For more information on the summit, you can head to the website, read the Storifies Maryn McKenna pulled together, and check out recaps and coverage page.

Virtually Speaking Science: Pre-show Storifies & Reading

VSSThis past weekend was the Women in Science Writing Solutions Summit 2014, an event that I had the privilege of participating in not only as an attendee, but Sunday morning break-out sessions organizer/moderator.Along with the ever-fantastic Raychelle Burks and new-to-me, but no less fantastic, Siri Carpenter. I am pleased that this evening on Virtually Speaking Science,Yes, normally I’m on-air the fourth Wednesday of the month, but this month, Tom Levenson and his guest Naomi Oreskes needed the fourth. It worked out well for everyone! one of the summit coordinators, Dr. Emily Willingham, will be joining us to to talk about the incentive for the summit, what happened over the weekend, and how the organizers intend to move forward now.

For those of you who missed the summit, there was a hashtag for Twitter, #SciWriSum14, and the fantastic Maryn McKenna not only live-tweeted during the open social media sessions, but also collected all of the relevant tweets into Storifies. I’m including them, below, as a pre-interview resource for anyone who’d like background information.

Caryl Rivers Explains the New Soft War on Women (#SciWriSum14)

Gender Imbalance in Science Writing: Data from #SciWriSum14

The Challenge and Importance of Being a Mentor… or Mentee (#SciWriSum14)

Moving Forward: Solutions and Next Steps for Science Writing (#SciWriSum14)

“Just What I Needed”: Reactions to #SciWriSum14

I’m looking forward to going over this material in more detail with Emily this evening; talk to you tonight, 5pm Pacific, 8pm Eastern!

Pre-Postshow, A Quick Explanation of Induction and Black Swans

A black swan from Vacha reservoir, Bulgaria. By Kiril Krastev.

A black swan from Vacha reservoir, Bulgaria. By Kiril Krastev.

Thanks so much to my guest, Dr. Janet Stemwedel, for chatting over a much-too-short hour about philosophy of science, science, knowledge generation, Commander Data and more. I’m having audio issues tonight with playback, so I’ll get a post-show recap with links up Thursday morning. Until then, here’s a link to Janet’s website, and a link to the recording of the show.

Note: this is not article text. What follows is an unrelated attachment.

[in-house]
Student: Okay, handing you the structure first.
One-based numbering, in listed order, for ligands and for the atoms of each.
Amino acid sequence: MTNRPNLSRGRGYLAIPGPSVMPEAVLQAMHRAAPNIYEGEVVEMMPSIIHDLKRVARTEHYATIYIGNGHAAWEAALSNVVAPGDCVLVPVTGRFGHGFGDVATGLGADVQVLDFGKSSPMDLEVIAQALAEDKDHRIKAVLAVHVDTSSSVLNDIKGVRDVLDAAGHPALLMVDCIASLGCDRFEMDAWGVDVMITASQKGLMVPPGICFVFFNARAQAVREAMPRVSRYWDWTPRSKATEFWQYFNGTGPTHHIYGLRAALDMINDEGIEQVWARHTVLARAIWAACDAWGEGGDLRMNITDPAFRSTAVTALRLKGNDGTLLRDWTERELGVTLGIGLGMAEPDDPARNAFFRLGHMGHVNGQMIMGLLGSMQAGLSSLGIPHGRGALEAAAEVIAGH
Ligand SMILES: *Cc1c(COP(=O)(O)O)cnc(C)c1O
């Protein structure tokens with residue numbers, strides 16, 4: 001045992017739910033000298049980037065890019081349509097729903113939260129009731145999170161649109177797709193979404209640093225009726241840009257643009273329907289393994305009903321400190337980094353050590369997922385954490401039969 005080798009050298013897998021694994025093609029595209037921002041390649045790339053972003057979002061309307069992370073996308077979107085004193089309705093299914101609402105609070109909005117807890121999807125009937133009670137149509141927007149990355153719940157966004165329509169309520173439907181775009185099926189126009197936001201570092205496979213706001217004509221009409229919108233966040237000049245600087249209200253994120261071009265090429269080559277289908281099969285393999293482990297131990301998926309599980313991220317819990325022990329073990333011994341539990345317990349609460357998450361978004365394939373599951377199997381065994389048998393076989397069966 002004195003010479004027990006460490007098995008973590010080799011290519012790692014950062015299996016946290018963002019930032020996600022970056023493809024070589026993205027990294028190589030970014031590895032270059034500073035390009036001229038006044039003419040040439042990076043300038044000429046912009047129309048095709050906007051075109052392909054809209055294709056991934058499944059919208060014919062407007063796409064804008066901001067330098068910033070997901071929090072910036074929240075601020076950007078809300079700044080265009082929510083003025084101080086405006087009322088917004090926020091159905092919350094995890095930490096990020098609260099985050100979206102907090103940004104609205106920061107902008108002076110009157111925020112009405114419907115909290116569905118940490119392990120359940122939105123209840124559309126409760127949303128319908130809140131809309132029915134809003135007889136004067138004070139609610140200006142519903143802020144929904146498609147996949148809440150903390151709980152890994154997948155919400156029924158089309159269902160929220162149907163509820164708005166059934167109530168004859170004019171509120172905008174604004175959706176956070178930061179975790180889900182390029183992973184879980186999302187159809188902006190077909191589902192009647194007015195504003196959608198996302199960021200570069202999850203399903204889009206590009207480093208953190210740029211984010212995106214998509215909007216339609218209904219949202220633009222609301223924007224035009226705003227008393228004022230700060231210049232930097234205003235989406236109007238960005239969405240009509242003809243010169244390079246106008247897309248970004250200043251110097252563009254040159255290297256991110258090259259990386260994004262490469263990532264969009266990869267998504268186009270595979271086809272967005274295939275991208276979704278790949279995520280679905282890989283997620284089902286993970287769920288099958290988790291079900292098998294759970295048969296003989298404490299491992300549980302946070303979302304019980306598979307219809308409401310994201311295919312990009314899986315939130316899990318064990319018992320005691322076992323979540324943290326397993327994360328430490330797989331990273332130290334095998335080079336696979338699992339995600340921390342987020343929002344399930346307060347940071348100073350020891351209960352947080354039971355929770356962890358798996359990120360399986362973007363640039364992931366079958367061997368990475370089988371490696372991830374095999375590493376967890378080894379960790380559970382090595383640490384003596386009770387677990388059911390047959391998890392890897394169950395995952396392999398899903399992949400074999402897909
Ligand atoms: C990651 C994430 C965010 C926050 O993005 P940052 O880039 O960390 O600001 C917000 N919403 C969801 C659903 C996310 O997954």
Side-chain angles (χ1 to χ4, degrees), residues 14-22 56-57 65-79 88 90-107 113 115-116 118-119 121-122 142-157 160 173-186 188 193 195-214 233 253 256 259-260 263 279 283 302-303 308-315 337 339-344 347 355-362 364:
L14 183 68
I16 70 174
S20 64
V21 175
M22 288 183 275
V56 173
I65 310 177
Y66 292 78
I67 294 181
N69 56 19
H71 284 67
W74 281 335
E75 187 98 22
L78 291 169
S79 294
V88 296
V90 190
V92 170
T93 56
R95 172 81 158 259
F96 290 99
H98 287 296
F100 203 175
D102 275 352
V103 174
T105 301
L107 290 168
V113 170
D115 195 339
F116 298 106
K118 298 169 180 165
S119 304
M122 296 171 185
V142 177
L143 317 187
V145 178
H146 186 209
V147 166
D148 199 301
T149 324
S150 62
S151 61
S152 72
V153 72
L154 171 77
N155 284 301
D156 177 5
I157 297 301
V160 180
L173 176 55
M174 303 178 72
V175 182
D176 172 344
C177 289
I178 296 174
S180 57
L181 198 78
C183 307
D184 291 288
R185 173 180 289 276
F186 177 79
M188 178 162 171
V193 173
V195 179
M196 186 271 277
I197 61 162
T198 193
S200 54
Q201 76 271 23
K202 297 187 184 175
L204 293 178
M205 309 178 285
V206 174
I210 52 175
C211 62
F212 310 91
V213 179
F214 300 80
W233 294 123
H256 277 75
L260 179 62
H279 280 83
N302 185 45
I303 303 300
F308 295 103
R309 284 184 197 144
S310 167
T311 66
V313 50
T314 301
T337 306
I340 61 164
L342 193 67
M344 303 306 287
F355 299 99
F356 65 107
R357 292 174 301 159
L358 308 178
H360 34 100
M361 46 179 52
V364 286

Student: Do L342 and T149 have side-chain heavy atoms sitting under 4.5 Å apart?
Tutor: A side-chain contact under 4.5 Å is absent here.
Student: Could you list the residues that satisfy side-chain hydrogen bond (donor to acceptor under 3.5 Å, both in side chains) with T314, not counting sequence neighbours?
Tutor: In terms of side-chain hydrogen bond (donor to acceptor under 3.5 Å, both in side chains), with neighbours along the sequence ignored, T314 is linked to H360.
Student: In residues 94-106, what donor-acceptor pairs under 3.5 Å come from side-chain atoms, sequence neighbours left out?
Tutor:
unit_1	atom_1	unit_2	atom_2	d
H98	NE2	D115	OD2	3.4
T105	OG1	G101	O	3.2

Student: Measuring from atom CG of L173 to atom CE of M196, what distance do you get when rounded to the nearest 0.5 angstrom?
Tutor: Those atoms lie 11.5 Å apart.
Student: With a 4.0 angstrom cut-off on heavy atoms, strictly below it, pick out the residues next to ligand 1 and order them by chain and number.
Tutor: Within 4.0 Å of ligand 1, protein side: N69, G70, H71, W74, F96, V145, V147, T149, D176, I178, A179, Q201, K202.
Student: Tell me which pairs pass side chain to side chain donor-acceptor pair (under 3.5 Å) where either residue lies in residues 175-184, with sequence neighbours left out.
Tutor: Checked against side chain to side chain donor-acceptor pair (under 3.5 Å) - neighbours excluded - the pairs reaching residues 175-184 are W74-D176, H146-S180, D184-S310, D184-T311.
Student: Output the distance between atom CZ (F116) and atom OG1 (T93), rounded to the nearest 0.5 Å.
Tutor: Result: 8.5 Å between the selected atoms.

…so why is there a picture of a black swan illustrating this? It’s a phrase I used when Janet and I were talking about Karl Popper, deduction, and induction. I hand-waved at the black swan philosophical problem, which is a problem of induction that illustrates the role both our ignorance about what we don’t know and our own biases play in shaping the questions that we ask and the answers we assume are right. The concept of a black swan is old (Juvenal references one), but until 1697, European countries used the metaphor of a black swan to indicate something that did not exist (‘all swans are white’ being a “well-known truth”).

Why until 1697?

Because in 1697, Dutch explorer Willem de Vlamingh discovered black swans, in Australia.

Virtually Speaking Science: Science, Philosophy and STEM

VSSTonight on Virtually Speaking Science, I’ll be talking to Dr. Janet Stemwedel about the role of philosophy in science, philosophy of science, STEM, and knowing us, probably ethics and values and so forth.

The conversation topic was sparked by the recent Neil deGrasse Tyson comments on philosophy and science; my response to that can be seen here.

Tweet questions ahead of time to me or my producer, Sherry Reson, or ask during the show with the hashtag #AskVS. Join us! 5pm PT/8pm ET.